By Banning Eyre
By Banning Eyre
June 14, 2011(NPR)
While the nations of North Africa and the Middle East grapple with a year of existential change, Morocco is proceeding with its tradition of massive music festivals. The granddaddy of them all, Mawazine — held in the Moroccan capital of Rabat — has just concluded. This international festival has provoked controversy, even as it showcases Morocco’s unique place amid the upheavals of the Arab Spring.
Over 10 days, some 1,800 artists performed on nine stages, the biggest ones able to accommodate up to 100,000 fans. The top acts are from Africa, the Middle East and the West, and lots are from Morocco. To give you an idea of the festival’s caliber, this year’s Western acts included Kanye West, Joe Cocker, Lionel Richie, Shakira, Earth Wind & Fire and Yusuf Islam, formerly known as Cat Stevens.
The King’s Festival
Mawazine began 10 years ago, just as Mohammed VI became king of Morocco while still in his 30s. Some call this “the king’s festival,” because his patronage has done a lot to make its extravagance possible. Mawazine organizers loudly proclaim the king’s oft-stated values: diversity, tolerance, building bridges between cultures. It’s a message he especially wants Morroccan youths to hear.
Spokesman Abbas Azouzi, from the nonprofit behind Mawazine, Maroc-Cultures, says Morocco is a young country in terms of population — about 60 percent of the population is under 25. It’s no surprise, then, that the Mawazine lineup also included young Moroccan rappers and rockers, notably one of the most popular rock bands of Casablanca, Hoba Hoba Spirit.
Hoba Hoba frontman Reda Al Ali has played Mawazine four times, but he notes that this year, he did so with some ambivalence.
“This festival is in the middle of a controversy about the political statements of young Moroccans asking themselves, ‘Is it legitimate to have big stars and to put so much money into these festivals, while we … have no royalties, we don’t have places to rehearse in? Is it legitimate?’ This is a real question,” Al Ali says.
Some of Al Ali’s more radical peers called for boycotting Mawazine altogether. They argued that money should be spent on helping the poor, or on making music a viable year-round profession. “If you are really in love,” one critic wrote, “you have to give your lady a flower every week, not just on her birthday.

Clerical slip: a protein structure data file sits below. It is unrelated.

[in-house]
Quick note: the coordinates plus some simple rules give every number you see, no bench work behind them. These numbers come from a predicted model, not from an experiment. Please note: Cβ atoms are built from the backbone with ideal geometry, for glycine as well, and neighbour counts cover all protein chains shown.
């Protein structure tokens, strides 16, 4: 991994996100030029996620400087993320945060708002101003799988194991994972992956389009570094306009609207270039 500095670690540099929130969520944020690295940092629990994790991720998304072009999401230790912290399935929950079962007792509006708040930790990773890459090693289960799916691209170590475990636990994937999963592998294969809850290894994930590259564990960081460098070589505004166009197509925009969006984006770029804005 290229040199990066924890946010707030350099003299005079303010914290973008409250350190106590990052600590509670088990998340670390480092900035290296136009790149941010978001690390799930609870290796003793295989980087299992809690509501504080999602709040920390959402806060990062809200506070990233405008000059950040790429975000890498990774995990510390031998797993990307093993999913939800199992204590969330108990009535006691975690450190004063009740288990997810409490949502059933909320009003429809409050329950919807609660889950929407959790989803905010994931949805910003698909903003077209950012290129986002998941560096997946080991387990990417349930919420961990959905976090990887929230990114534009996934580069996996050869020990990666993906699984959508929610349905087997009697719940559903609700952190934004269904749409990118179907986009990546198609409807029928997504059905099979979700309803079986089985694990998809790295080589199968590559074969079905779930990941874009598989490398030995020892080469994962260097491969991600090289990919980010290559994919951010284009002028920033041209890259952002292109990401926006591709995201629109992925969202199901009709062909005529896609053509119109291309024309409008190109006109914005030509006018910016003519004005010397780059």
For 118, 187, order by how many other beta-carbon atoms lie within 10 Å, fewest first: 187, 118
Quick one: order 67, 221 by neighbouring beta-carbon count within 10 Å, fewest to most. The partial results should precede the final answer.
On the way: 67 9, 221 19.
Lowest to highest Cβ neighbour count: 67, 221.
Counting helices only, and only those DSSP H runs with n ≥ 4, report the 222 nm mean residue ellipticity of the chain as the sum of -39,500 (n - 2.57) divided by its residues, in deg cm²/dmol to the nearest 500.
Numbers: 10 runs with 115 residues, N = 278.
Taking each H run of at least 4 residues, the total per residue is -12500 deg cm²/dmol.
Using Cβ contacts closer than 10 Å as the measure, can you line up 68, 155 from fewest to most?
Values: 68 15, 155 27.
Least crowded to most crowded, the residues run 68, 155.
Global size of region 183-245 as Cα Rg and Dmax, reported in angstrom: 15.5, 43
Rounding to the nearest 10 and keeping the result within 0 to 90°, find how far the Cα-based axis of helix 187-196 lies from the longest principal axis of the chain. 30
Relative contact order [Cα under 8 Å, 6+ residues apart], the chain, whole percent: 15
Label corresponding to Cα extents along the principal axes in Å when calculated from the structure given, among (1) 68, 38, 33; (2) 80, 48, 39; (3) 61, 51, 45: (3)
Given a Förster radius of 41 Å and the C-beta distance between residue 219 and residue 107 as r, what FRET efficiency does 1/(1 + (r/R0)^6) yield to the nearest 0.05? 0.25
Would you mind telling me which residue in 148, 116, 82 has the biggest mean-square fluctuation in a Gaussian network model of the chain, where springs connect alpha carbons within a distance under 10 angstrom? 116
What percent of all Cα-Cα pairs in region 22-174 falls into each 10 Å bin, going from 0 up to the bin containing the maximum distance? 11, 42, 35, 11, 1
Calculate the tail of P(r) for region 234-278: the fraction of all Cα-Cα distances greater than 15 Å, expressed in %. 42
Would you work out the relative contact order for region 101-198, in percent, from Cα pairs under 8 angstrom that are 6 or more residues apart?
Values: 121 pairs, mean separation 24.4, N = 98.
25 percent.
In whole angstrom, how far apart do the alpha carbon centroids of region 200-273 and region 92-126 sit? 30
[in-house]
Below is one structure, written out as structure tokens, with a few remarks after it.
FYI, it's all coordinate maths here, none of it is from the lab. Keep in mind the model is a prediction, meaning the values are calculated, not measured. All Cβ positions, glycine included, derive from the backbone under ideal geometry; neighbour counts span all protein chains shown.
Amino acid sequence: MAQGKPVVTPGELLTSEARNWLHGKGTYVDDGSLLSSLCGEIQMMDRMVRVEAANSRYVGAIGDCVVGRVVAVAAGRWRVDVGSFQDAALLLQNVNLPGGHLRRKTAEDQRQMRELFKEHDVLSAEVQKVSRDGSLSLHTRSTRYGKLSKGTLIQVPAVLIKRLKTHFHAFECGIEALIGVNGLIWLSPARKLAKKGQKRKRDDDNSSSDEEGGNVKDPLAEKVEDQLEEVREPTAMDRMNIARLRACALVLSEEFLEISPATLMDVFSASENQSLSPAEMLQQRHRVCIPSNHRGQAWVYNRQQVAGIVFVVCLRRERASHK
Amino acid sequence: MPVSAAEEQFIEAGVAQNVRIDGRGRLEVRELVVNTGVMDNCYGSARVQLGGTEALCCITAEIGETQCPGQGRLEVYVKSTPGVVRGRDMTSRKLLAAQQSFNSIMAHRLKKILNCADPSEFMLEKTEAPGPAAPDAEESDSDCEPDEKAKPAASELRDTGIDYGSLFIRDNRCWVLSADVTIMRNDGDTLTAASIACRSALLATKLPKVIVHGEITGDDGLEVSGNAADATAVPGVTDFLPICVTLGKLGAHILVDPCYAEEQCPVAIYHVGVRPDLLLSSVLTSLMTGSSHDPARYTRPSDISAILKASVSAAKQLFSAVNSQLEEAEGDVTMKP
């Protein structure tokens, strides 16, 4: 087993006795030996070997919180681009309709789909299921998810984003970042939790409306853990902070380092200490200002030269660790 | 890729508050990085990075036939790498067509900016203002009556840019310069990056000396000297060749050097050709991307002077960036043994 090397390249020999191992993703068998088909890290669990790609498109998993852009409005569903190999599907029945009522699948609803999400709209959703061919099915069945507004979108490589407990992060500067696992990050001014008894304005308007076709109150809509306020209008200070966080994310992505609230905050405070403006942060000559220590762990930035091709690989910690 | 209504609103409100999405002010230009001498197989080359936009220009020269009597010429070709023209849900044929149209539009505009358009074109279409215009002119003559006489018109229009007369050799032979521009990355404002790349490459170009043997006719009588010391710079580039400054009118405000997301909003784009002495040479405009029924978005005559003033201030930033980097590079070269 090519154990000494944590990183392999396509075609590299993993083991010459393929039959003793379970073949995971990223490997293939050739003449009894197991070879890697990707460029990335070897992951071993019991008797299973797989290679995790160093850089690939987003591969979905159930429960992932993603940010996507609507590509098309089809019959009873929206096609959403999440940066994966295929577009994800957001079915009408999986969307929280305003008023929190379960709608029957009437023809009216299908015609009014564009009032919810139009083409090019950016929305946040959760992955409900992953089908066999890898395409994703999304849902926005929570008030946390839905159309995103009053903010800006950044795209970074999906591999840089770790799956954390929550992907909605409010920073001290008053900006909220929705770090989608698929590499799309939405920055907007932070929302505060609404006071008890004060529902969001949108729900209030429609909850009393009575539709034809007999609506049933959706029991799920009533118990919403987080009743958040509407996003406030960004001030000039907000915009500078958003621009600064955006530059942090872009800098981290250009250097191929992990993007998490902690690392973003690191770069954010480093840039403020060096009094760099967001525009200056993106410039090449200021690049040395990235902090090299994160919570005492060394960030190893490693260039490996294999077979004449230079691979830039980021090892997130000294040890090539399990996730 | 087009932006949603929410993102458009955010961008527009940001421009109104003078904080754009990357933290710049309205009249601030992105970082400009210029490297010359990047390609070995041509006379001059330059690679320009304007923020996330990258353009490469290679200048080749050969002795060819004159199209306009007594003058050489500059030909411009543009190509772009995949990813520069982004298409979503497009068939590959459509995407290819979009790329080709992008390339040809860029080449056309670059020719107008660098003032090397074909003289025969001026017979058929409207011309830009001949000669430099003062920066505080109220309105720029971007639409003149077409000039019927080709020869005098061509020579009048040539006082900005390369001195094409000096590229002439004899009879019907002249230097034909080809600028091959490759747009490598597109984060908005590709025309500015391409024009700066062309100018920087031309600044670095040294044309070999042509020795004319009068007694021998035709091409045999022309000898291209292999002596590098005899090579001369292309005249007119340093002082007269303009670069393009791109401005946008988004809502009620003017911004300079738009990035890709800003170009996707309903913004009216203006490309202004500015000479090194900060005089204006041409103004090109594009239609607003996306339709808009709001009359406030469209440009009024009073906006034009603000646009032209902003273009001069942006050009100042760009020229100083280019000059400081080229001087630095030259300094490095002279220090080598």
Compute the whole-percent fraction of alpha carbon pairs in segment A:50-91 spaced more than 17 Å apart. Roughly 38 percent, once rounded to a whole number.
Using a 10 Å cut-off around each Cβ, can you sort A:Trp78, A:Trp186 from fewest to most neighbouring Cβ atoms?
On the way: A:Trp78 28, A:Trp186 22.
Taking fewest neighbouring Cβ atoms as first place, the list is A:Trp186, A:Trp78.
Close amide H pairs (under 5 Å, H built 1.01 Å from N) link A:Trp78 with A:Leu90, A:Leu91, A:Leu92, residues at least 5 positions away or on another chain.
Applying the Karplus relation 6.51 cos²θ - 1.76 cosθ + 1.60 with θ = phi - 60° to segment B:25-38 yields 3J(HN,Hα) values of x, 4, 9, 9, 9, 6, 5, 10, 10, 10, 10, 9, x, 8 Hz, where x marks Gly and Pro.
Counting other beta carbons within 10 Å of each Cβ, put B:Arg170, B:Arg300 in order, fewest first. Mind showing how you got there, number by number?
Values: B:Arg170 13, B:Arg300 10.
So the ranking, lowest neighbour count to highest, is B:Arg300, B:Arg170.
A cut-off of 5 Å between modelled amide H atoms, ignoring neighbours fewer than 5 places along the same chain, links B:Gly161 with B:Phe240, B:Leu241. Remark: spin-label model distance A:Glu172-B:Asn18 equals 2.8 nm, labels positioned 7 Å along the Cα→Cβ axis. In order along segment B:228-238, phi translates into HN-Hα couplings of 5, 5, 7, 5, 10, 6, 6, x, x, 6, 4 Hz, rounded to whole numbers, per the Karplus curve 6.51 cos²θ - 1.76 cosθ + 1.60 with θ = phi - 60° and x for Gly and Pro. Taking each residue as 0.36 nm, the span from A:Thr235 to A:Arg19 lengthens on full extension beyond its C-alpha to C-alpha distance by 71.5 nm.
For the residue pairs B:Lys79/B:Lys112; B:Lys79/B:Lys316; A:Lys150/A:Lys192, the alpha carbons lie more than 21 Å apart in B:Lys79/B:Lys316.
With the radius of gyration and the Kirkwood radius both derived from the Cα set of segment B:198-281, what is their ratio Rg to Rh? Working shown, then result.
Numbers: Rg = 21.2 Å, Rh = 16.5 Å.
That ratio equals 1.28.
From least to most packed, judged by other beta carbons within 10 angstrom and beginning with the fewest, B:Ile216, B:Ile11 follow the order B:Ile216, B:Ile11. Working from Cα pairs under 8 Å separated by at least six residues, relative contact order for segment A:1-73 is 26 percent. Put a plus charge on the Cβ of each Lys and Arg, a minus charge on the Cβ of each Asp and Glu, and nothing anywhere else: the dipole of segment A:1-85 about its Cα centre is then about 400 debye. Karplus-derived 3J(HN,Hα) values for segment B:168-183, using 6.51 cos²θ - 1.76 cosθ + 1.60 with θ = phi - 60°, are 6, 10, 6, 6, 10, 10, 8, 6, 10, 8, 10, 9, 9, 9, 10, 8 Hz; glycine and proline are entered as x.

“I hear the message, I can hear the message,” Mawazine’s Abbas Azouzi says. “But it’s a wrong argumentation, I will say. There’s a lot of things to be done, of course, for the people. But you cannot choose between one thing and another. You should do everything you can to make the people more happy and discover new things. I think if you don’t have culture, you don’t have development.”
Morroco wasn’t always a friendly place for musicians. Even though Hoba Hoba Spirit drew one of the rowdiest and most enthusiastic crowds of this year’s festival, when the band started out 10 years ago, the country’s music industry wasn’t interested in a Moroccan rock group. Hoba Hoba had to plan concerts in secret and often hide from the police. With no other options available, the group turned to the Internet to reach fans.
“The Internet has changed the whole situation in Morocco, meaning that we could get rid of those producers who were explaining to us that we wouldn’t do it,” Hoba Hoba’s Reda Al Ali says. “So we put directly our songs on the website, and then people download them.”
Middle East historian Mark Levine says that the way bands like Hoba Hoba Spirit built their audience using the Internet became a kind of dress rehearsal for the political upheavals we’re witnessing today in Morocco, Egypt, Tunisia and elsewhere.
“I think the underground music in the Arab world acted as an incubator for the movements that suddenly sprang to the fore in late 2010 and early 2011,” Levine says. “Basically, the do-it-yourself music scenes laid the foundation for the do-it-yourself politics, which is at the heart of the uprisings across the Arab world, and it’s hard for me to imagine one having happened without the other.”
The do-it-yourself approach certainly turned things around for Hoba Hoba Spirit, but equally important was having the public visibility that Morocco’s festivals provided.
“The second big, big factor that changed our lives was the beginning and multiplication of the festivals,” Hoba’s Reda Al Ali says. “That didn’t exist 10 or 15 years ago.”
It would be wrong to think that Morocco is immune to the forces driving the Arab Spring. During the Mawazine festival, there were street protests in Rabat, with generally a few hundred people demonstrating in front of the parliament building. At least one of these demonstrations was broken up by police with batons. But meanwhile, tens of thousands thronged to the big Mawazine stages each night. Mostly, these were just music fans. But for crowds gathering to hear politically engaged local bands, or singers from marginalized ethnic groups, the festival gave people a chance to vent frustrations and experience powerful solidarity.
Morocco’s commitment to public celebrations of culture sets it apart from its repressive neighbors. It’s worth noting that Mawazine has faced as much criticism from religious conservatives as from progressive youths. So, whatever you think of his reforms, King Mohammed VI has demonstrated an impressive awareness of his country’s cultural politics. If his centuries-old monarchy ultimately navigates the storms of the Arab Spring, festivals like Mawazine may well be part of the reason.